L. EMBRY, Warden, Colorado Territorial Correctional Facility and ATTORNEY GENERAL FOR THE STATE OF COLORADO,
Robert Fultz, Pro Se.
Gale A. Norton, Attorney General, Paul S. Sanzo, First Assistant Attorney General, Denver, Colorado, for Respondents-Appellees.
Petitioner admitted in the district court that he has not exhausted his state court remedies on his claim for an early discharge of his sentence. He contended that exhaustion would be futile, however, in light of the Colorado courts' uniform rejection of similar arguments by other prisoners. The district court agreed that exhaustion would be futile and addressed the merits of petitioner's claims. The court concluded that petitioner was not entitled to relief, based on the rationale set forth in Grenemyer v. Gunter, 770 F. Supp. 1432 (D. Colo. 1991) (upholding Colorado Supreme Court's interpretation of parole statutes against constitutional challenge), aff'd, 968 F.2d 20 (10th Cir. 1992) (table). The court, therefore, denied the writ and dismissed the action.
We exercise jurisdiction under 28 U.S.C. § 1291. We have granted petitioner both a certificate of appealability and leave to proceed in forma pauperis on appeal. See id. § 2253(c)(1)(A); id. § 1915. Because we also agree that exhaustion of state court remedies would be futile here, we proceed to the merits of petitioner's claims. See Wallace v. Cody, 951 F.2d 1170, 1171 (10th Cir. 1991) (holding that exhaustion of state remedies is not required when it would be futile).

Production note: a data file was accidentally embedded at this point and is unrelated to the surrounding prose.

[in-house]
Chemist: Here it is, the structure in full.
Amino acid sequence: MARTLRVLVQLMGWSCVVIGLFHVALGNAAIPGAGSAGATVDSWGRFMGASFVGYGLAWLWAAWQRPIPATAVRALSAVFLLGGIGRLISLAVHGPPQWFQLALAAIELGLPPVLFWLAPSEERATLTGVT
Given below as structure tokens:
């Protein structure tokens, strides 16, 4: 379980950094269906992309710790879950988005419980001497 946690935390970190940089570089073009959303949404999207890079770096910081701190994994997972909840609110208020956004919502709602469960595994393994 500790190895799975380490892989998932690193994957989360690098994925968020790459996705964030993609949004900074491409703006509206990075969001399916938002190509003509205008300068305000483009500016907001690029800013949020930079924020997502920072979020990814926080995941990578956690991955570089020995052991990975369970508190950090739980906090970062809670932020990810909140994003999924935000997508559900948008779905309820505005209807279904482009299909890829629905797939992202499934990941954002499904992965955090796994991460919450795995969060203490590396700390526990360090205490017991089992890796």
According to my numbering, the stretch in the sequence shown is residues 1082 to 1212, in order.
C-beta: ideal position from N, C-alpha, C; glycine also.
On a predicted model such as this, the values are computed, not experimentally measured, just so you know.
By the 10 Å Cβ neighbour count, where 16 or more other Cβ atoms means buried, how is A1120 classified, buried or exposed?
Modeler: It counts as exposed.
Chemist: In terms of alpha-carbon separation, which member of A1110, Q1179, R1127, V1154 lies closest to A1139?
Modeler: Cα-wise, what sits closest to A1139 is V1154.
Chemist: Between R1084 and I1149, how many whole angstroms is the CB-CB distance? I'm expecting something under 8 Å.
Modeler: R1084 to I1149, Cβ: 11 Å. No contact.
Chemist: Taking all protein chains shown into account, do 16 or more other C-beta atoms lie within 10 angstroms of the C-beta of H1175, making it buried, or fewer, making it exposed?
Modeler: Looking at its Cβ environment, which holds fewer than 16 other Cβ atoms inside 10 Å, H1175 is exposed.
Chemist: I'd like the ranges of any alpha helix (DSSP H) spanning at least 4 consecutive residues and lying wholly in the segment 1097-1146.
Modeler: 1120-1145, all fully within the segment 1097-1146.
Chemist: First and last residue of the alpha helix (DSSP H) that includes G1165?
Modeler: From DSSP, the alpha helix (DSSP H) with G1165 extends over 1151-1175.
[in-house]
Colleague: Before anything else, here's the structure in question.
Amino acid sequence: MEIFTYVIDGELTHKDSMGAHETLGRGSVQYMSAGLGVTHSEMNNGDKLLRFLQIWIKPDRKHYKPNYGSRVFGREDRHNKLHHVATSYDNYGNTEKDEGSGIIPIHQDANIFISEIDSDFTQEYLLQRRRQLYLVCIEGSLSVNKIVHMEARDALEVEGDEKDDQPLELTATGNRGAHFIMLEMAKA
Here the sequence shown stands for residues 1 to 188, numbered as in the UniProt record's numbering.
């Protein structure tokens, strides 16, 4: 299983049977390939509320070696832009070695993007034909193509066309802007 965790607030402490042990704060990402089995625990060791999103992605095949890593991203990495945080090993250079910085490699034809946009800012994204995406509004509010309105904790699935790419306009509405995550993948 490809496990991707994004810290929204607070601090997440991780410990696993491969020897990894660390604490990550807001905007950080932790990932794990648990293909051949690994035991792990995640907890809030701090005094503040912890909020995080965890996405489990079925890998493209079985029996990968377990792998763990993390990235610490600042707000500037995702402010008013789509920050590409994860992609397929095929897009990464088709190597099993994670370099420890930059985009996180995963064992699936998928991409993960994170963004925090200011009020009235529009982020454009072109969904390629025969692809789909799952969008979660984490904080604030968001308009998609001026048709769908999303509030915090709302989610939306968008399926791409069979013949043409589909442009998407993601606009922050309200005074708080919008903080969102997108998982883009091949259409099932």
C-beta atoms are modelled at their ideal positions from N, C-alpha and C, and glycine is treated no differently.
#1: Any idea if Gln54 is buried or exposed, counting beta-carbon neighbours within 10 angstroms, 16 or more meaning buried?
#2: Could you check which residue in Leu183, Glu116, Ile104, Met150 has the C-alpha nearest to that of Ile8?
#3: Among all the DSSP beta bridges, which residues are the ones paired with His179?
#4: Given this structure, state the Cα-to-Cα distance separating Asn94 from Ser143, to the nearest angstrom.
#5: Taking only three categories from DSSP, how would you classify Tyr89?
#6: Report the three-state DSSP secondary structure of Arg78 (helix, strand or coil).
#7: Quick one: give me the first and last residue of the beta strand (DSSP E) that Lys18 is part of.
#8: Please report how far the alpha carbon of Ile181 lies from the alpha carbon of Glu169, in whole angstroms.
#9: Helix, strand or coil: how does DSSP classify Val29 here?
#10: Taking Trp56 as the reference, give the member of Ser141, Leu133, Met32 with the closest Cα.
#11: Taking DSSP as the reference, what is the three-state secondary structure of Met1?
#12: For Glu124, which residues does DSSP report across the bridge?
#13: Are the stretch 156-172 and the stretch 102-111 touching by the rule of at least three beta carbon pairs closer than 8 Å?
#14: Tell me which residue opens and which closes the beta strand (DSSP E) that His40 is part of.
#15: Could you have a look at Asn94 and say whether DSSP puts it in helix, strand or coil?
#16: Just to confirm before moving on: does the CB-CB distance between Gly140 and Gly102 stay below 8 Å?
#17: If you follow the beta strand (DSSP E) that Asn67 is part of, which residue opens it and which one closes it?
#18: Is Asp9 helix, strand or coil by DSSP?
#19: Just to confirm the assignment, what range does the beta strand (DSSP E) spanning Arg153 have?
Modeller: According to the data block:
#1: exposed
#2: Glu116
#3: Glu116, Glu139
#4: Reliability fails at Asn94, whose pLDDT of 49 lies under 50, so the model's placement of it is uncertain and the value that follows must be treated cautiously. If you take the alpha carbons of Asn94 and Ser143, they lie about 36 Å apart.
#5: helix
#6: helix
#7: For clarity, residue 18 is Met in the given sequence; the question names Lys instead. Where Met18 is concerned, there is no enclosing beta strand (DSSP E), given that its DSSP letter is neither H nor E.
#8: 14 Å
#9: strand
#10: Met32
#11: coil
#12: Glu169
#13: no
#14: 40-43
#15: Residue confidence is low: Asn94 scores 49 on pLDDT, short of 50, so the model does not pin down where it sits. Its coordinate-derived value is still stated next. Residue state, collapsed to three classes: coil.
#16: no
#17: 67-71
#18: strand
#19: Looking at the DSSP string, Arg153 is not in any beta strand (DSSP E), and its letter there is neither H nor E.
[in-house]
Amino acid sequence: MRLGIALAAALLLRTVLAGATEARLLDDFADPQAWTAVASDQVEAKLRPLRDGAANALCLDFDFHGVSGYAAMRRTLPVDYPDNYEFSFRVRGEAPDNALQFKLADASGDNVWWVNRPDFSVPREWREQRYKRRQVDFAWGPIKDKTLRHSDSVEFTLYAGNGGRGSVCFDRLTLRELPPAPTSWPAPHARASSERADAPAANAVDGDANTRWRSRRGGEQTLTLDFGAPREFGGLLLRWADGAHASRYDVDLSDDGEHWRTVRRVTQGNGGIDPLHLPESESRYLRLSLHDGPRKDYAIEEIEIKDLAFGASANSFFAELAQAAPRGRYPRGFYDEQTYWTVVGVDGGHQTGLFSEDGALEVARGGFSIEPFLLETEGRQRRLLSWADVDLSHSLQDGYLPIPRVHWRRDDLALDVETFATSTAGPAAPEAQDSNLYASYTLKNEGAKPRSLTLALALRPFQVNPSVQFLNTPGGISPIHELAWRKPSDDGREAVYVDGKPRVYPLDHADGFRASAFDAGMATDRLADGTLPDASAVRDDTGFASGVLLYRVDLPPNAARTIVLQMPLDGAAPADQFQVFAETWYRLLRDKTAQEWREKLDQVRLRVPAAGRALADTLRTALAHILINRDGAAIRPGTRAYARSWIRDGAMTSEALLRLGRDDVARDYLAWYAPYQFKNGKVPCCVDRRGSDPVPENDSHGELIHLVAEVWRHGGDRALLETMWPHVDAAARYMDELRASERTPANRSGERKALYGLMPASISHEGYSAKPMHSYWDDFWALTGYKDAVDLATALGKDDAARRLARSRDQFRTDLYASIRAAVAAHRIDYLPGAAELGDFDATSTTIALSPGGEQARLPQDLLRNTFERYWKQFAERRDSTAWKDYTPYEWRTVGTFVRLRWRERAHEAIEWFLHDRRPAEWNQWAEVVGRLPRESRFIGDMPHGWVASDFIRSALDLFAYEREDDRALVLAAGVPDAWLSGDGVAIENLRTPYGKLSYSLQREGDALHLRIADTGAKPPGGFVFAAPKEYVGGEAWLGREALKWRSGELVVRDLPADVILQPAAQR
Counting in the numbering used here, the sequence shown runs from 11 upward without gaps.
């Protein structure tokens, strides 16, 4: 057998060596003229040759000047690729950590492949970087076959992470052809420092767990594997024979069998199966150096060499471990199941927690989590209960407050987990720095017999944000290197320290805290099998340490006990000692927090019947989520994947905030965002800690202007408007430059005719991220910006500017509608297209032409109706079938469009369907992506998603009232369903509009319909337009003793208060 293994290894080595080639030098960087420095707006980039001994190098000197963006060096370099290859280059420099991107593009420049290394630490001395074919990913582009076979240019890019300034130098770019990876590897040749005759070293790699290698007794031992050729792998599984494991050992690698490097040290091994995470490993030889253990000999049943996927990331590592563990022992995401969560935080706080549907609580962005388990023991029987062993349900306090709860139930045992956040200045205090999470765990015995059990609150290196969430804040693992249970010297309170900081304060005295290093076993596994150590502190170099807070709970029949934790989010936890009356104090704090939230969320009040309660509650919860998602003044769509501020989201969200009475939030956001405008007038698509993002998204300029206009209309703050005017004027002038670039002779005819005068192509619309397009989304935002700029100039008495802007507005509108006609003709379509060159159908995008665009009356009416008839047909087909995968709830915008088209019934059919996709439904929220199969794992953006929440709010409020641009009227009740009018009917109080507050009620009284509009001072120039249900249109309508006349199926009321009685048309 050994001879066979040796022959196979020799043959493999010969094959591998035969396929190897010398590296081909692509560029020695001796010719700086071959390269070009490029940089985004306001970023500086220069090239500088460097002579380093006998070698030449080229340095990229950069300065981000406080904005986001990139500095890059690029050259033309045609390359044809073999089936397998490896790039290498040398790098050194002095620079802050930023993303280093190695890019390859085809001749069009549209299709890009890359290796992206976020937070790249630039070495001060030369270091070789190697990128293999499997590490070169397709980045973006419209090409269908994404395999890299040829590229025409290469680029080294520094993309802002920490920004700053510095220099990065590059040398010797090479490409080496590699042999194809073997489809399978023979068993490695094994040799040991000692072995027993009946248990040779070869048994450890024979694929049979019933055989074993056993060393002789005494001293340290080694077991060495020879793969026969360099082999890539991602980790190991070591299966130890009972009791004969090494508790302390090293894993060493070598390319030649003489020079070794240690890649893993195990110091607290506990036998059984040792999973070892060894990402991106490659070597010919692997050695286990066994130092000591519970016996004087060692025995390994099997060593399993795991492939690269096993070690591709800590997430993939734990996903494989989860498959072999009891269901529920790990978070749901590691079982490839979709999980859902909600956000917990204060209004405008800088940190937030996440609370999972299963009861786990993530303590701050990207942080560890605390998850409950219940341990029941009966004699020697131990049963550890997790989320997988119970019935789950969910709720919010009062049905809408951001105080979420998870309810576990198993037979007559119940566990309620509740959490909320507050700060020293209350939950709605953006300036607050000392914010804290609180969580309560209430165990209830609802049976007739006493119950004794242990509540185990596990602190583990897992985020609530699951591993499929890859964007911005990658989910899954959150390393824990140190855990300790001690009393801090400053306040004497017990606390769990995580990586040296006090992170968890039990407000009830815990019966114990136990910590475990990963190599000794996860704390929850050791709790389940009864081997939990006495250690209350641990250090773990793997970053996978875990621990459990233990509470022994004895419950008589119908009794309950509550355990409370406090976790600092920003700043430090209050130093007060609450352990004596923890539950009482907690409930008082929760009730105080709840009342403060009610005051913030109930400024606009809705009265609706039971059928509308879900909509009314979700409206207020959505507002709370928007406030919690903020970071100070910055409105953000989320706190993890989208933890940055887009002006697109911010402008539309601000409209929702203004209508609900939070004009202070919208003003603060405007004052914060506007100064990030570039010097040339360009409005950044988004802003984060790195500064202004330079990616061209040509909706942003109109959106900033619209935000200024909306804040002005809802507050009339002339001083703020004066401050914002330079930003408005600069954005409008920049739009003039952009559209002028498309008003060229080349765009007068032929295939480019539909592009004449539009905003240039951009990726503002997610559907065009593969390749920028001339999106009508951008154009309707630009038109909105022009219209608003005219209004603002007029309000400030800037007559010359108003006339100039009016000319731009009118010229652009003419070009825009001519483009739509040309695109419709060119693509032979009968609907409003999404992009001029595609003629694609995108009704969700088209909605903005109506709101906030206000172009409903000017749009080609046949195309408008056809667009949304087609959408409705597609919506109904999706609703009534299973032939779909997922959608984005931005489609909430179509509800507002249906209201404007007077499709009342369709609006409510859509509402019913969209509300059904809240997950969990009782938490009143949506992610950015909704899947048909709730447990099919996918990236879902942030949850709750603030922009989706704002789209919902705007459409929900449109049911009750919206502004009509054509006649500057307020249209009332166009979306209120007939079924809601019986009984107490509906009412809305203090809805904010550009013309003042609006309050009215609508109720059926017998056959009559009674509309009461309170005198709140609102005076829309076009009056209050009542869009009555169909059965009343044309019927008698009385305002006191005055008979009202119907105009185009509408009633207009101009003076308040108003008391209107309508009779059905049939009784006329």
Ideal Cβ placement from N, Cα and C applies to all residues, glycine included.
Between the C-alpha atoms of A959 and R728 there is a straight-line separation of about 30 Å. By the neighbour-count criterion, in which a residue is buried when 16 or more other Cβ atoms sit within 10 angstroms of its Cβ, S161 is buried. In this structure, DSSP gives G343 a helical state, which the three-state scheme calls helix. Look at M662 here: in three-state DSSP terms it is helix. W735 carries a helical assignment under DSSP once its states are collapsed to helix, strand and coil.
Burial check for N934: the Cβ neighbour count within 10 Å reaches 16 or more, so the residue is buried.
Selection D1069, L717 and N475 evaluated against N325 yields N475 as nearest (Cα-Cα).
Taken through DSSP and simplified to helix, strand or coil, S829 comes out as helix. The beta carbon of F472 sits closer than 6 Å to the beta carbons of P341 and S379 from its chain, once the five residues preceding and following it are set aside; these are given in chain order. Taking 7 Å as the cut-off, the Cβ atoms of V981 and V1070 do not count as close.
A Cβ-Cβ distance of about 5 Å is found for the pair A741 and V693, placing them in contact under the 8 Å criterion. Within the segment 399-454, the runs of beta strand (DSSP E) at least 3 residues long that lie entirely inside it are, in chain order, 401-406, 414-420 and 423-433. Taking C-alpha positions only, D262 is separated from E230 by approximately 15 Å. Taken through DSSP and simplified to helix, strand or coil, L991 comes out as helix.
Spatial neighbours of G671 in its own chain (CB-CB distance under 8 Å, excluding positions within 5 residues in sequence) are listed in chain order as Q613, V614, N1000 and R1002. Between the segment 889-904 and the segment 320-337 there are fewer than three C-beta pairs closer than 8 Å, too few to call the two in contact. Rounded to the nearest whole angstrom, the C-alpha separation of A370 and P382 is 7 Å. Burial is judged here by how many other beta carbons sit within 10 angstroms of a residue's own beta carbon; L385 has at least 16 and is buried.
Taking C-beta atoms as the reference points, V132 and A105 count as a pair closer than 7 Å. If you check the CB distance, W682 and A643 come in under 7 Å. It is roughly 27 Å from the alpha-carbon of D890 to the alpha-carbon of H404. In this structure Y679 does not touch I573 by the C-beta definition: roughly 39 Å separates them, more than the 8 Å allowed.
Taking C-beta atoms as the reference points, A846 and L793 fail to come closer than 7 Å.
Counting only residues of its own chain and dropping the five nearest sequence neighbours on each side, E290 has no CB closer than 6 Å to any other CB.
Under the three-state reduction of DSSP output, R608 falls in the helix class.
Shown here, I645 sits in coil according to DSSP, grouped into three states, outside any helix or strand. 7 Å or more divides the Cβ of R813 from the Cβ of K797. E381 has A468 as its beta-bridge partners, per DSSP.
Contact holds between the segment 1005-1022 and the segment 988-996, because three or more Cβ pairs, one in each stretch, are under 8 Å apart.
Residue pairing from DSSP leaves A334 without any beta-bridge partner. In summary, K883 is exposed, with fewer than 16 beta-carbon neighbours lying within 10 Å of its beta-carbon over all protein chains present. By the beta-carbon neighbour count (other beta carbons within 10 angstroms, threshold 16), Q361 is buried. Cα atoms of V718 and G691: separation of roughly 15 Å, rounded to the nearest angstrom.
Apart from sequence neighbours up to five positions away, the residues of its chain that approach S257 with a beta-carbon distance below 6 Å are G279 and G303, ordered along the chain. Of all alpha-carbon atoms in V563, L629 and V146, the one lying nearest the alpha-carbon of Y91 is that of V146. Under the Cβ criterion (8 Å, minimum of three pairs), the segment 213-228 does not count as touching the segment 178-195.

We first consider petitioner's reliance on the Ex Post Facto Clause. See U.S. Const., Article I, § 10. "To fall within the ex post facto prohibition, a law must be retrospectivethat is it must apply to events occurring before its enactmentand it must disadvantage the offender affected by it, by altering the definition of criminal conduct or increasing the punishment for the crime[.]" Lynce v. Mathis, 519 U.S. 433, ___, 117 S. Ct. 891, 896 (1997) (quotations and citations omitted). "The Ex Post Facto Clause is a limitation upon the powers of the Legislature and does not of its own force apply to the Judicial Branch of government." Marks v. United States, 430 U.S. 188, 191 (1977) (citation omitted). Nonetheless, the principles underlying the Ex Post Facto Clause
are fundamental to our concept of constitutional liberty and therefore protected by the Due Process Clause of the Fifth and Fourteenth Amendments. Consequently, [i]f a state legislature is barred by the Ex Post Facto Clause from passing such a law, it must follow that a State Supreme Court is barred by the Due Process Clause from achieving precisely the same result by judicial construction.